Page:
Eighth Century : Subsaharan Africa

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The 8th century in Subsaharan Africa witnessed the continued steady growth and spread of farming and iron-working peoples, especially those of the Bantu language group. They moved throughout the grassland plateaus situated south of the dense rain forests of the Congo basin and gradually absorbed or dispossessed the Stone Age hunters and gatherers. The generally southward spread of farming settlements involved a corresponding extension of the range of domesticated cattle of the Sanga breed and of millet and sorghum cultivation. To the east, the range of the banana plant, which had been brought to the Indian Ocean coast from Indonesia centuries earlier, was being extended inland. But as the soil was poor and they had few reliable food crops, the emerging farming peoples continued to live a partially nomadic life and to rely on hunting and gathering to supplement their diet. Here and there in the central southern interior, markets began to support the earliest forms of long-distance as well as purely local trade. The production of copper and gold ingots for exchange probably started in the 8th century, although on a very small scale.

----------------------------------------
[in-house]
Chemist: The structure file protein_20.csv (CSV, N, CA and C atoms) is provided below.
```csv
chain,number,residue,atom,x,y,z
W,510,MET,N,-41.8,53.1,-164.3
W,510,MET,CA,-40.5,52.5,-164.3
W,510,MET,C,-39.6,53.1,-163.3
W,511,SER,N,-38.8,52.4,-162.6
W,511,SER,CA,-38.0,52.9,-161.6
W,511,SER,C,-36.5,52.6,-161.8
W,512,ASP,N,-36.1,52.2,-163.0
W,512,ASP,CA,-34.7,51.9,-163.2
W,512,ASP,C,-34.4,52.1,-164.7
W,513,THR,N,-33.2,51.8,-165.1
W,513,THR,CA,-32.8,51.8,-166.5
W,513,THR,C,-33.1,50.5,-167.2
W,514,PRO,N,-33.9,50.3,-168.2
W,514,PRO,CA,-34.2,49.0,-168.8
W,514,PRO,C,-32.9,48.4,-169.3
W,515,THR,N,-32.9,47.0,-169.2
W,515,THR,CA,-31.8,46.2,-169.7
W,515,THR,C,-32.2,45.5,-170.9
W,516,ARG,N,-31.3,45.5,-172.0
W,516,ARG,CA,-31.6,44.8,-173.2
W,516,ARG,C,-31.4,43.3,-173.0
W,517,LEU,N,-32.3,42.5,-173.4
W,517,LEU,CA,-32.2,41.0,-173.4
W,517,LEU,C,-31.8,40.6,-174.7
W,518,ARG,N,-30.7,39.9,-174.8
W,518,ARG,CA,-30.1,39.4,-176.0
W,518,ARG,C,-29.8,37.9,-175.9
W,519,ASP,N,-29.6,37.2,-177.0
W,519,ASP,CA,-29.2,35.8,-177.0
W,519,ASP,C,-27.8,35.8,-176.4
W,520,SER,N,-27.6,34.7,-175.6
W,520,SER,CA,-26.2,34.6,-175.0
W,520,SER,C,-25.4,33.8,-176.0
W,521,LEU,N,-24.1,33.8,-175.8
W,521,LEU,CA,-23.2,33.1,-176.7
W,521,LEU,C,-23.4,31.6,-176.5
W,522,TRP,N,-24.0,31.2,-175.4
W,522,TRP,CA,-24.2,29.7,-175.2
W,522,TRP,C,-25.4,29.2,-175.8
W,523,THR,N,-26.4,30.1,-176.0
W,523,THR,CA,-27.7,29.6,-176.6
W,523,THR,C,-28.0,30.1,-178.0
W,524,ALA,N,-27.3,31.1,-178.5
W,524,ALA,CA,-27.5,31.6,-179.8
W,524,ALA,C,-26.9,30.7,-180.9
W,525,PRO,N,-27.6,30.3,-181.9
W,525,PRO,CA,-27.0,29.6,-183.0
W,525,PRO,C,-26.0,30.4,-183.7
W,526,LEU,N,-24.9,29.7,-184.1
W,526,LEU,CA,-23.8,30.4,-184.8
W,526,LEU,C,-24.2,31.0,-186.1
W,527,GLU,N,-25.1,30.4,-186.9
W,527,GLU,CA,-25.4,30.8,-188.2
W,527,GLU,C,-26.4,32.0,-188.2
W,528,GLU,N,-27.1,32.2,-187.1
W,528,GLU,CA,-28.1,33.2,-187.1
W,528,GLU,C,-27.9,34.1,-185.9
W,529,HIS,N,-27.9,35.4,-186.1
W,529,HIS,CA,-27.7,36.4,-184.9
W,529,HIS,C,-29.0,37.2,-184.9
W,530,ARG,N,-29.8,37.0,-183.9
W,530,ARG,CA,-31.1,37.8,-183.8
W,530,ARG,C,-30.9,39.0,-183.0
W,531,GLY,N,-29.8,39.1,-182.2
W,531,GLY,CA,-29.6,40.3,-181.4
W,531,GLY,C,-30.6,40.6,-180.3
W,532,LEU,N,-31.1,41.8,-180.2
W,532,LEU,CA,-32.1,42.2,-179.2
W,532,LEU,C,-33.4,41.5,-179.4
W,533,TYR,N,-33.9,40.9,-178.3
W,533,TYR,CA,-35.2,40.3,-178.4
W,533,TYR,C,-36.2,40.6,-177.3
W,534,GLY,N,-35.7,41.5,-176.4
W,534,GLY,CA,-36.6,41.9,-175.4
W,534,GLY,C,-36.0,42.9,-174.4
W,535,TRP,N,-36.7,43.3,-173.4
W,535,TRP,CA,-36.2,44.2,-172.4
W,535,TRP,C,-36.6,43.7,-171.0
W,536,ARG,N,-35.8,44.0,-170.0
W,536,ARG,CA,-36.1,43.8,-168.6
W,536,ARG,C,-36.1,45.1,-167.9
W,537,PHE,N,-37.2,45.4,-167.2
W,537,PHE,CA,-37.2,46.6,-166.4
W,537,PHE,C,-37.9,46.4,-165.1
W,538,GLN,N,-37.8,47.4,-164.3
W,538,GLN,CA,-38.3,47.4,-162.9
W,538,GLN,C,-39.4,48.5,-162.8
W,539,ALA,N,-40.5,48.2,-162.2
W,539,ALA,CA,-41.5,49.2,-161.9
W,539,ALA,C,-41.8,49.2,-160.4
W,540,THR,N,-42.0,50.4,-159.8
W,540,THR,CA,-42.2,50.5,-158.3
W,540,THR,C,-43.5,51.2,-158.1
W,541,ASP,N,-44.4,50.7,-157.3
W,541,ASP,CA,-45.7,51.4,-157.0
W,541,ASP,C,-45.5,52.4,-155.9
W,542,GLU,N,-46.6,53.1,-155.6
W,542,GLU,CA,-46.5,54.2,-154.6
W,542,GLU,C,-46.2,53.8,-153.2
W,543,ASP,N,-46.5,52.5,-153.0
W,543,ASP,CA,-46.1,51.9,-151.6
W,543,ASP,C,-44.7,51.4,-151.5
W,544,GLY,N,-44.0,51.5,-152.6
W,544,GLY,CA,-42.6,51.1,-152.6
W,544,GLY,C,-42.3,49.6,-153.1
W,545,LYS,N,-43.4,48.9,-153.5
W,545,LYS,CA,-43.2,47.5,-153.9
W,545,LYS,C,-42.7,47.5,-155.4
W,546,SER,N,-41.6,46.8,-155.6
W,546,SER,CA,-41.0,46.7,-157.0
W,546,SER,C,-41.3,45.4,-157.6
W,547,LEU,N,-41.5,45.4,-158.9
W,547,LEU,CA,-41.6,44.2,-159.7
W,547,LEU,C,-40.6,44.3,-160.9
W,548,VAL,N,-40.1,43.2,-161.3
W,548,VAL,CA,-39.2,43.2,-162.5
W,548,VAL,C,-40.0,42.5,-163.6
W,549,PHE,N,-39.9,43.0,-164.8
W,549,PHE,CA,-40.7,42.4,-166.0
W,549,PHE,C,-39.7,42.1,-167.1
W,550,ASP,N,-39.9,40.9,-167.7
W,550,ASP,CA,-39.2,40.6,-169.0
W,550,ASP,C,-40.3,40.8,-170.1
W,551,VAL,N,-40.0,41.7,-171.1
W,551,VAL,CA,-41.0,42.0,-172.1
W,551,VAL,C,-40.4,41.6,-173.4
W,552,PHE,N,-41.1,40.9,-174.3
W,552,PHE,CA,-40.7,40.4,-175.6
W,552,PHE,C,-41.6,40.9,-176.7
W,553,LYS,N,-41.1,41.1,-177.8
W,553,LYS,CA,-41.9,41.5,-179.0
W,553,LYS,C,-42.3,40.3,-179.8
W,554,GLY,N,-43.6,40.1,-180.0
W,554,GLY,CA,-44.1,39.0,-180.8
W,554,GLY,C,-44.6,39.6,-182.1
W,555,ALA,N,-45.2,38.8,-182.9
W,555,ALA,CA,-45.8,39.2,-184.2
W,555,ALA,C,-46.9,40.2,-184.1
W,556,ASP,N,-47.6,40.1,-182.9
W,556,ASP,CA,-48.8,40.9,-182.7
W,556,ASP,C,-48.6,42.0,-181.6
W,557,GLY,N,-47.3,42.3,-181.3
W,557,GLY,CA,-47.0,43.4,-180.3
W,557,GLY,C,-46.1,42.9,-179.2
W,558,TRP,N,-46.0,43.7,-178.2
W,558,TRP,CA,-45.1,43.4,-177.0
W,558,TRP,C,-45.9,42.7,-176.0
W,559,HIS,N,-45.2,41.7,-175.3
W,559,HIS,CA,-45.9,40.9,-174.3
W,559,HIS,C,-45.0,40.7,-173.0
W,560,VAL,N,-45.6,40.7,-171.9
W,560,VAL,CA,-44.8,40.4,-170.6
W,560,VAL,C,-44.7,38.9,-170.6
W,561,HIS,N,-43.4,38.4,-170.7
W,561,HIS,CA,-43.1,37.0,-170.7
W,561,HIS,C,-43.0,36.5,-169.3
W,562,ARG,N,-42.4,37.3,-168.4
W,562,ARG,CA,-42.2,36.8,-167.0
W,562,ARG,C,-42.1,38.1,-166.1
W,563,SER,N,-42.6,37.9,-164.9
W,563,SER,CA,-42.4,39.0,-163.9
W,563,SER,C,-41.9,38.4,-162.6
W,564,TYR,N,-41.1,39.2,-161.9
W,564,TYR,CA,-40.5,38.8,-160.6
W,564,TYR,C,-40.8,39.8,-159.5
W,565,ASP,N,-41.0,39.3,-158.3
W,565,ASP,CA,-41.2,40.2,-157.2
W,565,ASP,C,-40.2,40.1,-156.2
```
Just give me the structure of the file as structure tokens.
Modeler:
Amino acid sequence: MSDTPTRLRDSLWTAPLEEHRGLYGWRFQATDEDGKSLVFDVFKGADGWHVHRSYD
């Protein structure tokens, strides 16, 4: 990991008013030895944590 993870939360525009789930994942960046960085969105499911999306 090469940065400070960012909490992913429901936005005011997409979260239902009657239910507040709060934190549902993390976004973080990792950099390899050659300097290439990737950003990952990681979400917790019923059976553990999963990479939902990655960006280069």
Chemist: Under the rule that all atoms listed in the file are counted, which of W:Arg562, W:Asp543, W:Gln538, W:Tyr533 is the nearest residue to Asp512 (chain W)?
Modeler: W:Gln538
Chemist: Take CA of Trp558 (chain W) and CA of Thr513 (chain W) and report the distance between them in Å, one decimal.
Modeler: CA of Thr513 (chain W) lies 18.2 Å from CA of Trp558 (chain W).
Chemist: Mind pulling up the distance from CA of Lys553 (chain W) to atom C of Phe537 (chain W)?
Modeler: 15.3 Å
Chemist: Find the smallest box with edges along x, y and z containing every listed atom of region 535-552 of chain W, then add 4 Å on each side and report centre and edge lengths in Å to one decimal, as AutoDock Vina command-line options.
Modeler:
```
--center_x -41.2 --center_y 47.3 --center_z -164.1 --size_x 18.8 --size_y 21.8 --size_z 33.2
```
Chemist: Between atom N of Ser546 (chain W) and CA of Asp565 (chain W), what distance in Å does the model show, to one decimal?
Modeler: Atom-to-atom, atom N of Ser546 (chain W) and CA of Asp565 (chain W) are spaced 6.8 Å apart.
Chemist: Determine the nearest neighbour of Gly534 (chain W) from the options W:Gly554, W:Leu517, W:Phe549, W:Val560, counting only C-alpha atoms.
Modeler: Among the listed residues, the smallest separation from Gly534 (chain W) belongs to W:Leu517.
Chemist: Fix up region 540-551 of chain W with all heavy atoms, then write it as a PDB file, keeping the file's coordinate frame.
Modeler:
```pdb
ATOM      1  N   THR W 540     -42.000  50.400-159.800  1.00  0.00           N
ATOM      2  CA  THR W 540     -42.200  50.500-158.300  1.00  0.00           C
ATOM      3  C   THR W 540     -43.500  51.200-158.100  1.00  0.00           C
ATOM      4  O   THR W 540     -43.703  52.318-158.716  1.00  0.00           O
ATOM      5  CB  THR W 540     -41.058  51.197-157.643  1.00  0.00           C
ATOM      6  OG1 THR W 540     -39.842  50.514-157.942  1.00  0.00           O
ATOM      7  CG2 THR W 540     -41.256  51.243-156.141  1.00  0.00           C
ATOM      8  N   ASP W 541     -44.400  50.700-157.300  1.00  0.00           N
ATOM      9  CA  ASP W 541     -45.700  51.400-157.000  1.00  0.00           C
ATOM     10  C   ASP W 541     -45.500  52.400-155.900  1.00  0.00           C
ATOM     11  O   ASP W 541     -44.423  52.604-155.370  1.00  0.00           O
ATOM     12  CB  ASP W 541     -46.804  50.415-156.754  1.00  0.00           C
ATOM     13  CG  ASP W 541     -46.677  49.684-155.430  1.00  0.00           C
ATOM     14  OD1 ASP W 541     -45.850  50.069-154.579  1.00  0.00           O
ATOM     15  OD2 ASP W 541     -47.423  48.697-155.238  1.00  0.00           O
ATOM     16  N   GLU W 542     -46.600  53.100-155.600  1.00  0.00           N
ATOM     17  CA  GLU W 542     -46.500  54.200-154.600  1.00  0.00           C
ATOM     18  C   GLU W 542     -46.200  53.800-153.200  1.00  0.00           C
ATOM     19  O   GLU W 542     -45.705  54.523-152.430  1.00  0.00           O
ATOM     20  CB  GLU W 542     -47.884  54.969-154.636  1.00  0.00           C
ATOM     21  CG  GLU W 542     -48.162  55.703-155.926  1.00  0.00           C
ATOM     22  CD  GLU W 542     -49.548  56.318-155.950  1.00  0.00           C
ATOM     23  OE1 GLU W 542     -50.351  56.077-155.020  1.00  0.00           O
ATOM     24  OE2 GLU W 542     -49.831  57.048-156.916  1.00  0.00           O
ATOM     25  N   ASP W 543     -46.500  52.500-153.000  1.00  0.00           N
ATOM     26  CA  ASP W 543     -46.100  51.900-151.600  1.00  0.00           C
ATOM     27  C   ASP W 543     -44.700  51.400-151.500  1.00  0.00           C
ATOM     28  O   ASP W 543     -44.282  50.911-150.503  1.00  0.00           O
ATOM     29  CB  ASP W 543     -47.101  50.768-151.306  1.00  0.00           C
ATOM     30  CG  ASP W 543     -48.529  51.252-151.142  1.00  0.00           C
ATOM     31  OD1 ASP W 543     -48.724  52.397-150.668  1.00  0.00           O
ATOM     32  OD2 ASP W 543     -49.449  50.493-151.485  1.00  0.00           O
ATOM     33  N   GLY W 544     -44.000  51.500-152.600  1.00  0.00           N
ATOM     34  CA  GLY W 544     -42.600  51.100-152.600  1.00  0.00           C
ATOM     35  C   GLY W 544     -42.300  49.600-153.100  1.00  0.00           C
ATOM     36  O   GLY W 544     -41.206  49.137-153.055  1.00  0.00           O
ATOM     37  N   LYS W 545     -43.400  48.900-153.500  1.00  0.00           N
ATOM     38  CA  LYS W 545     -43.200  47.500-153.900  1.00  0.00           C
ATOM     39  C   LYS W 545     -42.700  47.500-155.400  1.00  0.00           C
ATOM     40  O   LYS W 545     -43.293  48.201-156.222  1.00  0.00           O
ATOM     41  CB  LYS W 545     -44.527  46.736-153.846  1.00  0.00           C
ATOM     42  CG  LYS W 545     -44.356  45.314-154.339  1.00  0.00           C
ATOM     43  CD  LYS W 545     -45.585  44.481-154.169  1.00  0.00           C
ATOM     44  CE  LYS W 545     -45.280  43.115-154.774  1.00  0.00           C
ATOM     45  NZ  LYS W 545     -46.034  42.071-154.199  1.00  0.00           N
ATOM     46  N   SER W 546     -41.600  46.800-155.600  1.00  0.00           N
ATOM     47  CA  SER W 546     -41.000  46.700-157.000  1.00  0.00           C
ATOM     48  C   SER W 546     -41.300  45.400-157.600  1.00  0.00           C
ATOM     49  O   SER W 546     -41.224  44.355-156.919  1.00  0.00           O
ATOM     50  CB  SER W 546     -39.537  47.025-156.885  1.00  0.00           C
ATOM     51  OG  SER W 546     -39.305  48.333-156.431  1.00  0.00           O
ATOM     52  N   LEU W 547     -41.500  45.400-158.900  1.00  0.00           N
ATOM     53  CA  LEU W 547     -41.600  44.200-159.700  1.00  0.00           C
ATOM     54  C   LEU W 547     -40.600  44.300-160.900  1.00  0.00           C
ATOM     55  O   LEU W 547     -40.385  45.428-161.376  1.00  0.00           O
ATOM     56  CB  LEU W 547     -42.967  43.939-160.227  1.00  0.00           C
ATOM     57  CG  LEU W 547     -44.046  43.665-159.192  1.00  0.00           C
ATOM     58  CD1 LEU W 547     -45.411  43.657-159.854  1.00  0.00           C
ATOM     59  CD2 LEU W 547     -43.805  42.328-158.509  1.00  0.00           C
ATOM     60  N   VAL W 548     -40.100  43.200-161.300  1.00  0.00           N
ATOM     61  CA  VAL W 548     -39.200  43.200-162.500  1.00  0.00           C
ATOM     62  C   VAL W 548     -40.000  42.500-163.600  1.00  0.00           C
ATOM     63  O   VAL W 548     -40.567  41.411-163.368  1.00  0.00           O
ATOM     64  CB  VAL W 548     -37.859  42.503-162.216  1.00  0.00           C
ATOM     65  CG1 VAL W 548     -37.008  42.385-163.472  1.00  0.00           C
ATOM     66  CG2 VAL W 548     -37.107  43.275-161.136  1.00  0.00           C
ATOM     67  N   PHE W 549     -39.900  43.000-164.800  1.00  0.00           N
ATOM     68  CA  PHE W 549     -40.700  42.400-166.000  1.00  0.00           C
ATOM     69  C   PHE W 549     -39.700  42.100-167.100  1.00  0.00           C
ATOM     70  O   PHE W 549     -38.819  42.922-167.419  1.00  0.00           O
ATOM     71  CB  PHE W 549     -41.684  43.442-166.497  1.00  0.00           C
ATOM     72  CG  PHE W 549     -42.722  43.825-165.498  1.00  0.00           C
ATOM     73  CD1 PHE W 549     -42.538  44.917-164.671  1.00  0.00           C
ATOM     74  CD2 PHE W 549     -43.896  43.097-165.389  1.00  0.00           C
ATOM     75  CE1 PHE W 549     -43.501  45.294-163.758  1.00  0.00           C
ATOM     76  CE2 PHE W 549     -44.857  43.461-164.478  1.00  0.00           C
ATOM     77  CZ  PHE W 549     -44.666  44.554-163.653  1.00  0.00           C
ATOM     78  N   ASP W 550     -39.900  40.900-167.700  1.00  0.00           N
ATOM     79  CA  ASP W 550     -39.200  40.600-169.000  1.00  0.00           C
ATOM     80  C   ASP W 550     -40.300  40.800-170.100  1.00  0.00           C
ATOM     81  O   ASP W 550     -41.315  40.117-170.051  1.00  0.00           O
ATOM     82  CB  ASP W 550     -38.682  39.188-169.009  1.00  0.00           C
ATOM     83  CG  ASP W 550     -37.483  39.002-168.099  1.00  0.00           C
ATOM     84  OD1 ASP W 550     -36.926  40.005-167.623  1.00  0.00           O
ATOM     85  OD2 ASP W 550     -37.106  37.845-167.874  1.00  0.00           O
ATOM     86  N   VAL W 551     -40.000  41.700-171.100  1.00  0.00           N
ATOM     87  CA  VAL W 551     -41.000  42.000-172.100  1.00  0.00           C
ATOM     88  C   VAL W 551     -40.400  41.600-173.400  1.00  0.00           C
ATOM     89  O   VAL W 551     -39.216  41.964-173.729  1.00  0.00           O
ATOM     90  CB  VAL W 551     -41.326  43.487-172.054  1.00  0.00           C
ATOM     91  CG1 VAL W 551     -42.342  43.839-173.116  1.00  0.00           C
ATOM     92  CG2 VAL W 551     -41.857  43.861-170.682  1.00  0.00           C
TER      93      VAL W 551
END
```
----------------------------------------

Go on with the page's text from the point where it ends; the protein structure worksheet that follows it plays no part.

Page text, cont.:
Swahili- and other Bantu-speaking peoples along the east African coast began to benefit from Arab enterprise in steadily extending and enlarging the carrying trade of the Indian Ocean.

The earliest Muslim trading settlement along this seaboard appears to date from the 9th century, but there is little doubt that the Arabs made trading contacts there as early as the 8th.

In West Africa, the 8th century saw the first large expansion, since Roman times, of the cross-Saharan trade between North Africa and the western and central Sudan. The trade was chiefly the work of Muslim Berbers of the Ibadi sect, who established a network of trading towns in northwest Africa after 760, notably at Tahert and Sijilmasa, and used these as bases for trade with Subsaharan partners. The most important partners were the Mande-speaking Soninke, rulers of the empire of Ghana, which controlled most of the southern terminals of the cross-desert trade. Among the other partners were the Songhai of Gao, a southern trade terminal founded on the Niger River during this period.

In northeastern Africa the ancient empire of Aksum (Axum) had entered an eclipse, but the Christian kingdoms of Nubia—Nobatia in the north, Makuria (Maqurra) in the center, and Alodia (Alwa) in the south—had entered a period of brilliant development. About the year 700 the two northern states were united to form the kingdom of Dongola, which was strong enough to send an army as far north as the Nile delta in 754 and to forge valuable trading connections that endured until the 12th century.





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